Julie SpicerJulie Spicer, PhD, is an Assistant Professor of Behavioral Medicine in the Department of Psychiatry and a recent recipient of a K99/R00 Pathway to Independence Award from the National Institutes of Health. With training in cognitive affective neuroscience and behavioral medicine, her research focuses on the consequences of stress on long term health, with a current emphasis on early life exposures. In the prenatal and early postpartum periods, there is rapid maturation of both neural and physiological systems in offspring. The developmental success of these systems has long term impacts on health, and maternal stress can affect such success. Working with time series data from functional magnetic resonance imaging and ambulatory blood pressure monitoring as well as longitudinal measures from the endocrine and immune systems, she examines how maternal stress-related psychological processes connect to biological responses, behavior, and infant health outcomes in the prenatal and early postpartum periods. This work has implications for the current pervasive national problem of socioeconomic health-related disparities. Dr. Spicer received a PhD in Psychology with a specialization in cognitive affective neuroscience from Columbia University in 2011. She completed postdoctoral training in behavioral medicine at Columbia University Medical Center supported by funding from the T32 mechanism of the National Institutes of Health, the Sackler Institute for Developmental Psychobiology, the Irving Center for Clinical and Translational Research, the Herbert H. and Ruth S. Reiner Fund, and the Nathaniel Wharton Fund of Columbia University. More information: Publications.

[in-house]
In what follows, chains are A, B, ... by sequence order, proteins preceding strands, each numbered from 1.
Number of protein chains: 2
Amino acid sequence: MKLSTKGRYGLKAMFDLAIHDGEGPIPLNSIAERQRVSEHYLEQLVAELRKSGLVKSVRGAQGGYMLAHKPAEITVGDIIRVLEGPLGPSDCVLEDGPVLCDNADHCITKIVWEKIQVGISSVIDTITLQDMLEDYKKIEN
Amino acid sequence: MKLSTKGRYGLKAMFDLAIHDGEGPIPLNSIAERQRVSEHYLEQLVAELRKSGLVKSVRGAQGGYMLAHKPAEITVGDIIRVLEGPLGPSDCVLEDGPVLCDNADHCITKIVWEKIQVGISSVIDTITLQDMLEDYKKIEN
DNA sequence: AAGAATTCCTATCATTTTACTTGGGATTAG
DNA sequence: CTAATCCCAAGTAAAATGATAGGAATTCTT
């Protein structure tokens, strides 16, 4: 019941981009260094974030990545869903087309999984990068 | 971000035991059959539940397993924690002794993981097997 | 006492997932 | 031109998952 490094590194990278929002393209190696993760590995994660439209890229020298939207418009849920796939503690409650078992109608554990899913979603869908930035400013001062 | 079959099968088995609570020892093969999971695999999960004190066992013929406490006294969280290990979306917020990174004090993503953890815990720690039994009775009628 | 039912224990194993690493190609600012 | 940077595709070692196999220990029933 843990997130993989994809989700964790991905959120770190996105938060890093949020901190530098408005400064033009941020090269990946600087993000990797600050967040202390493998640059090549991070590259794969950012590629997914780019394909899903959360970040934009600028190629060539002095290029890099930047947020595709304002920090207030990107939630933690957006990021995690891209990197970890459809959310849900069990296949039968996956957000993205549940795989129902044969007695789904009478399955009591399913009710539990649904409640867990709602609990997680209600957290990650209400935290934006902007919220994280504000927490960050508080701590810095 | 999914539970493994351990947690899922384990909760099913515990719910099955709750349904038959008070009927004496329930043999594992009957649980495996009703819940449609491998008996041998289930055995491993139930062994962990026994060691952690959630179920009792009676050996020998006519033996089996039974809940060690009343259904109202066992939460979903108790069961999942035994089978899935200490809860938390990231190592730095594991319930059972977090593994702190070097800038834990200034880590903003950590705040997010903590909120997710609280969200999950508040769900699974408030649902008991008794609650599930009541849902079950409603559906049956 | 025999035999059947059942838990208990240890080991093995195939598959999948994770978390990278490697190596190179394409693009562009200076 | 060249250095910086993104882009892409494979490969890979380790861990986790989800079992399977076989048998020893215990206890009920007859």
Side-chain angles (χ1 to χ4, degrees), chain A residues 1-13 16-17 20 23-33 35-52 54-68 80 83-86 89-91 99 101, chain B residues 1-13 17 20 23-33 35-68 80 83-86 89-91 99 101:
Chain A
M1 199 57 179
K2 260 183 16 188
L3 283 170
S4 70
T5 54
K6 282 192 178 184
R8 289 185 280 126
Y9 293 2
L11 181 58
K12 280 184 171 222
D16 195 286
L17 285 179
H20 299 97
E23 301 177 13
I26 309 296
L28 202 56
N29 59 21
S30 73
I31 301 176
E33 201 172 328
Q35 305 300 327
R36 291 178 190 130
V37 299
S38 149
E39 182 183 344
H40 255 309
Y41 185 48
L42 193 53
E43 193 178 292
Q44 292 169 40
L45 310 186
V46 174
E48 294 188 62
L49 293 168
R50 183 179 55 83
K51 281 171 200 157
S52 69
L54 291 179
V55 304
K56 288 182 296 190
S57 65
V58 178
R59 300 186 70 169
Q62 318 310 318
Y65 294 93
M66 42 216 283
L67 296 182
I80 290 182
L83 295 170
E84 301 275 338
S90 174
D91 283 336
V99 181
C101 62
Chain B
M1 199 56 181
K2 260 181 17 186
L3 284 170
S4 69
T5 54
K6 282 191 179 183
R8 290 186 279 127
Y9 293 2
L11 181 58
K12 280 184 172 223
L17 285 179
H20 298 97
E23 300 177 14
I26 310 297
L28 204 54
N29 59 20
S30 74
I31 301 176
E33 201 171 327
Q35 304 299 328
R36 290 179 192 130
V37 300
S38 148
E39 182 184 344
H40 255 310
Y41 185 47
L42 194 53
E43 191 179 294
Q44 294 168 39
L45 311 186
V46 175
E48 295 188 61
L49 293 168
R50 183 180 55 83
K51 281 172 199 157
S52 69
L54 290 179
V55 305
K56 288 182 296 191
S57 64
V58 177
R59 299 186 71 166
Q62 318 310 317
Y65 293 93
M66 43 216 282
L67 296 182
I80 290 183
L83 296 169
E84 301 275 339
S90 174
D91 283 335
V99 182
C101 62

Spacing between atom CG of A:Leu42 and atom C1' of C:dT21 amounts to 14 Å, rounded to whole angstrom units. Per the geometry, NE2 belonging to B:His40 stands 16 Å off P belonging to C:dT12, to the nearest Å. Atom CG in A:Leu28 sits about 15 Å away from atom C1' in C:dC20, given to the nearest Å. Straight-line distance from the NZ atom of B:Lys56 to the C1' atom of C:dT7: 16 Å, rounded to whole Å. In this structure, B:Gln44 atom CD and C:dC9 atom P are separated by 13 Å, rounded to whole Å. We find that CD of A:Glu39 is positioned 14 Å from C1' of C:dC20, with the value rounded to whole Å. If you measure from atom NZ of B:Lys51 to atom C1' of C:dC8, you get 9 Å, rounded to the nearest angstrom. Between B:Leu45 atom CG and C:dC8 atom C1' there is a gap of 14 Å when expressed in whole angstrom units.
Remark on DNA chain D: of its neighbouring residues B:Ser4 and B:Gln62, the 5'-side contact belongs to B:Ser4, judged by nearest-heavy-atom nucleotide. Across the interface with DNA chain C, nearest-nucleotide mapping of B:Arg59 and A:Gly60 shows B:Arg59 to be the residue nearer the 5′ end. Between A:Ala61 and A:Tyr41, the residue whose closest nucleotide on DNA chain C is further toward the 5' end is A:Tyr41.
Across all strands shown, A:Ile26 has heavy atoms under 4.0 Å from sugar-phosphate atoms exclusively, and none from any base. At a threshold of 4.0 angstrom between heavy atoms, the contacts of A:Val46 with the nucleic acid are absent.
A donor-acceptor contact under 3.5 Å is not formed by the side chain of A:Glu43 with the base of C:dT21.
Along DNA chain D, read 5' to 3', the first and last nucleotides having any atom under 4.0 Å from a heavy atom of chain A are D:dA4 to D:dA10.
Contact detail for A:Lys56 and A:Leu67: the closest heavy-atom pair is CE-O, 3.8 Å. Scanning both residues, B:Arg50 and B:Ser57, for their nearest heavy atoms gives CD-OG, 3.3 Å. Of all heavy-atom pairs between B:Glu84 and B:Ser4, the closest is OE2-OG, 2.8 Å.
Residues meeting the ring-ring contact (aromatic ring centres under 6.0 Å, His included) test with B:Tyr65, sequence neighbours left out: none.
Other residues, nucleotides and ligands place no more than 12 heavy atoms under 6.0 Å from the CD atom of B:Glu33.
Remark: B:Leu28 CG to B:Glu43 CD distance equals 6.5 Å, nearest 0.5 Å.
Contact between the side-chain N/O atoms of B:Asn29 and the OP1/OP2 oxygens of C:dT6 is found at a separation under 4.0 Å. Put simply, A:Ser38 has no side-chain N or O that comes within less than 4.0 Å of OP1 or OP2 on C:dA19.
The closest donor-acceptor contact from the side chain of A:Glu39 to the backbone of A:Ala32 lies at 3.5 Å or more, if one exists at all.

Marisa Spann Marisa Spann, PhD, MPH, is an Assistant Professor of Medical Psychology in the Department of Psychiatry. Dr. Spann is a clinical neuropsychologist with specialty training in developmental neuroimaging and perinatal epidemiology. She obtained her PhD in clinical psychology at George Washington University. She went on to pursue a clinical neuropsychology postdoctoral fellowship at Yale University School of Medicine in the Department of Neurosurgery. During this time she obtained her masters of public health at Yale School of Public Health. She transitioned to a NIH-funded T32 research postdoctoral fellowship in Translational Child Psychiatry at Columbia University Medical Center (CUMC). Since diagnostic mental health symptoms are not obvious before preschool to school age, the overarching goal of Dr. Spann’s research is to identify prenatal and infant biomarkers of emerging mental health risk. Her research focuses on how prenatal immune-activating exposures, such as maternal infection, medical conditions, and environmental stressors affect fetal and infant brain (structure and connectivity) and mental health (attention and behavioral reactivity) development. She is involved in ongoing epidemiologic studies utilizing international birth cohorts and clinical studies at CUMC that investigate the role of maternal immune activation during pregnancy as measured by maternal blood/sera on development from the fetal period to childhood. Isolating developmental markers that cut across child psychiatric disorders during this early period of development will help ensure identification of a greater number of children at risk. Her research has been funded through the Gray Matters (Department of Psychiatry at CUMC), Whitaker Developmental Neuropsychiatry Scholar (Marilyn and James Simons Family Giving), TRANSFORM KL2 Mentored Career Development (Irving Institute for Clinical and Translational Research at CUMC and NIH), and Arts & Neuroscience Fellowship (Italian Academy for Advanced Studies in the America at Columbia University) awards.